Walking to Hollywood: Memories of Before the Fall

Walking to Hollywood: Memories of Before the Fall

by Will Self
     
 

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One of the most remarkably inventive voices of his generation, author Will Self delivers a new and stunning work of fiction. In Walking to Hollywood, a British writer named Will Self goes on a quest through L.A. freeways and eroding English cliffs, skewering celebrity as he attempts to solve a crime: who killed the movies.

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Overview

One of the most remarkably inventive voices of his generation, author Will Self delivers a new and stunning work of fiction. In Walking to Hollywood, a British writer named Will Self goes on a quest through L.A. freeways and eroding English cliffs, skewering celebrity as he attempts to solve a crime: who killed the movies.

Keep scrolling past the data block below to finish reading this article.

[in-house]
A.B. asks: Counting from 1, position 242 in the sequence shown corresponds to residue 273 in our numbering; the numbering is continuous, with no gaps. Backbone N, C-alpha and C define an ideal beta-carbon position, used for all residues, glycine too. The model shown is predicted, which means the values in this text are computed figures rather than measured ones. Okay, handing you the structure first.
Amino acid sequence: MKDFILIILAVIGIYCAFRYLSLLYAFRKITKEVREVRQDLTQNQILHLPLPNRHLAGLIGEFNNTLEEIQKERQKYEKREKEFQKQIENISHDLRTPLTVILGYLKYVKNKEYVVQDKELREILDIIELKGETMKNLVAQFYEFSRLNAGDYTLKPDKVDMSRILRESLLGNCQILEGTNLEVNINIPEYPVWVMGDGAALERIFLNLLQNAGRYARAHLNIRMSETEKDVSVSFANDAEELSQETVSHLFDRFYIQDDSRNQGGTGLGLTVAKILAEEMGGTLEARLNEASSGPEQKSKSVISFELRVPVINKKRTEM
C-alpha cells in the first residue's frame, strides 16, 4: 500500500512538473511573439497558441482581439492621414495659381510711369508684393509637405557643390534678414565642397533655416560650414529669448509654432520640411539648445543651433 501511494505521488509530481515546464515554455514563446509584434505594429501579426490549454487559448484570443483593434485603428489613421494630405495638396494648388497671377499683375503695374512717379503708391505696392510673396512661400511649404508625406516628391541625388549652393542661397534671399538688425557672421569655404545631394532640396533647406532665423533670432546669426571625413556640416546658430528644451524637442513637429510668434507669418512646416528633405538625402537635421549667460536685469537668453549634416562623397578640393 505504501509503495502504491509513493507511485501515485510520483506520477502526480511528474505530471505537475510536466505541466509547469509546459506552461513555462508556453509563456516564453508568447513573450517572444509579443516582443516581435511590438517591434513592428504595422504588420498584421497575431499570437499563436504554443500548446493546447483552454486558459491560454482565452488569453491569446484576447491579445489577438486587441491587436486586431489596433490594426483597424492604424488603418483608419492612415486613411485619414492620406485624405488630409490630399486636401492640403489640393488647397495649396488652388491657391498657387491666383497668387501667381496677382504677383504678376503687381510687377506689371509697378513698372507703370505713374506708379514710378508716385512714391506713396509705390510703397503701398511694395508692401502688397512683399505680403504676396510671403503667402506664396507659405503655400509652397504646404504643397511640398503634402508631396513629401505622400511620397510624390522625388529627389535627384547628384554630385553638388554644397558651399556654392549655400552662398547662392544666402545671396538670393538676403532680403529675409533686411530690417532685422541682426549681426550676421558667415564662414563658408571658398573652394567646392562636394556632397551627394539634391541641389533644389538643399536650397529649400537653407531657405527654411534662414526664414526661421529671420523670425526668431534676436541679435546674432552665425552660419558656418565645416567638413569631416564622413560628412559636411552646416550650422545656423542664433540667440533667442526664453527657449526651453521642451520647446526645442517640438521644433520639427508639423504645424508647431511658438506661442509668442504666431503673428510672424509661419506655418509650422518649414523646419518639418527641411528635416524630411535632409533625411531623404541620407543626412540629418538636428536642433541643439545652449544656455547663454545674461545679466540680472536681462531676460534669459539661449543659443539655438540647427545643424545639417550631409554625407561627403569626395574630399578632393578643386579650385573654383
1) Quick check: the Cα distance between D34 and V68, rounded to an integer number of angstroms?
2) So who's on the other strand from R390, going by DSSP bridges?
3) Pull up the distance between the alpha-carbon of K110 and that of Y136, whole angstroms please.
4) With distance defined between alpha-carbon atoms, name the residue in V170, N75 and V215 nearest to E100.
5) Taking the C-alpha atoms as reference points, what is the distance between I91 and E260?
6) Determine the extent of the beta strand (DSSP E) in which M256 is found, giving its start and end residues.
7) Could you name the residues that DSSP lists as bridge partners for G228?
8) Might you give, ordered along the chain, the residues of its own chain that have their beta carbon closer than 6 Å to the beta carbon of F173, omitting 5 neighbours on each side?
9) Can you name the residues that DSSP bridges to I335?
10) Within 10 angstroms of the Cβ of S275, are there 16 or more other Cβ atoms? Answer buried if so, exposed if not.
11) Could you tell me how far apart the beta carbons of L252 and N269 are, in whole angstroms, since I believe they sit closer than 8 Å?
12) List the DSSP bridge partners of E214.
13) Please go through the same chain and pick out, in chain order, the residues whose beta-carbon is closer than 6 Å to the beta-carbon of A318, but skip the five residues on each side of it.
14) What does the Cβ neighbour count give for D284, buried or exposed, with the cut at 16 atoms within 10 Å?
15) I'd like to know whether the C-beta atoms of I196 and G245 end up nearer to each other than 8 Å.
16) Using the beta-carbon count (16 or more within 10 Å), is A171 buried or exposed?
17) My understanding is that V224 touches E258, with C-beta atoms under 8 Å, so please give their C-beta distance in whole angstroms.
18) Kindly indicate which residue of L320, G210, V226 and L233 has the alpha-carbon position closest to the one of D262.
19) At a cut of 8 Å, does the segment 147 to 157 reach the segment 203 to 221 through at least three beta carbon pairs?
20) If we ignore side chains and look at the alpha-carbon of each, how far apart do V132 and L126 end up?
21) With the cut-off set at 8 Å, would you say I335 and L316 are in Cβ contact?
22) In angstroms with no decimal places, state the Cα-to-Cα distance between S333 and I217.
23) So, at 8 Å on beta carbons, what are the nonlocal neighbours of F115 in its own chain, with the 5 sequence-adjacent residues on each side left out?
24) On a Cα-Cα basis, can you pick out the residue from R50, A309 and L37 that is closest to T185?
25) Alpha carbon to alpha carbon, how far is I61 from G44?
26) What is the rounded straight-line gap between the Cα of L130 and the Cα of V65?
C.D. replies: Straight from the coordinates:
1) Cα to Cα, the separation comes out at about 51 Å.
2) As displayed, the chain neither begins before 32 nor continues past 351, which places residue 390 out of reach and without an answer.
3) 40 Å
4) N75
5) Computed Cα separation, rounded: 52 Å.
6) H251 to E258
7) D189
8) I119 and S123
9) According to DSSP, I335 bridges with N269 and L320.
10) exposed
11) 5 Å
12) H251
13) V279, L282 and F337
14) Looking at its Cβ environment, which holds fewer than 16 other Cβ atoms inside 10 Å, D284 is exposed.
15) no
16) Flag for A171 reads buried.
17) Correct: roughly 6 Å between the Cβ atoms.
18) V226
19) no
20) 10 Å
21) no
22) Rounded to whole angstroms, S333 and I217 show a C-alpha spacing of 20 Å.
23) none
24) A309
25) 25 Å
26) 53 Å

When Will reconnects with his childhood friend, the world suddenly seems disproportionate. Sherman Oaks, scarcely three feet tall at forty-five, and his ironically sized sculptures—replicas of his body varying from the gargantuan to the miniscule—spark in Will a flurry of obsessive-compulsive thoughts and a nagging desire to experience the world by foot. Ignoring his therapist and nemesis Zack Busner, Self travels to Hollywood on a mission to discover who—or what—killed the movies. Convinced that everyone from his agent, friends, and bums on the street are portrayed by famous actors, Self goes undercover into the dangerous world of celebrity culture. He circumambulates the metropolitan area in hallucinating and wild episodes, eventually arriving on the English cliffs of East Yorkshire where he comes face to face with one of Jonathan Swift’s immortal Struldbruggs. A satirical novel of otherworldly proportion and literary brilliance, Walking to Hollywood is a fantastical and unforgettable trip through the unreality of our culture.

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Editorial Reviews

Publishers Weekly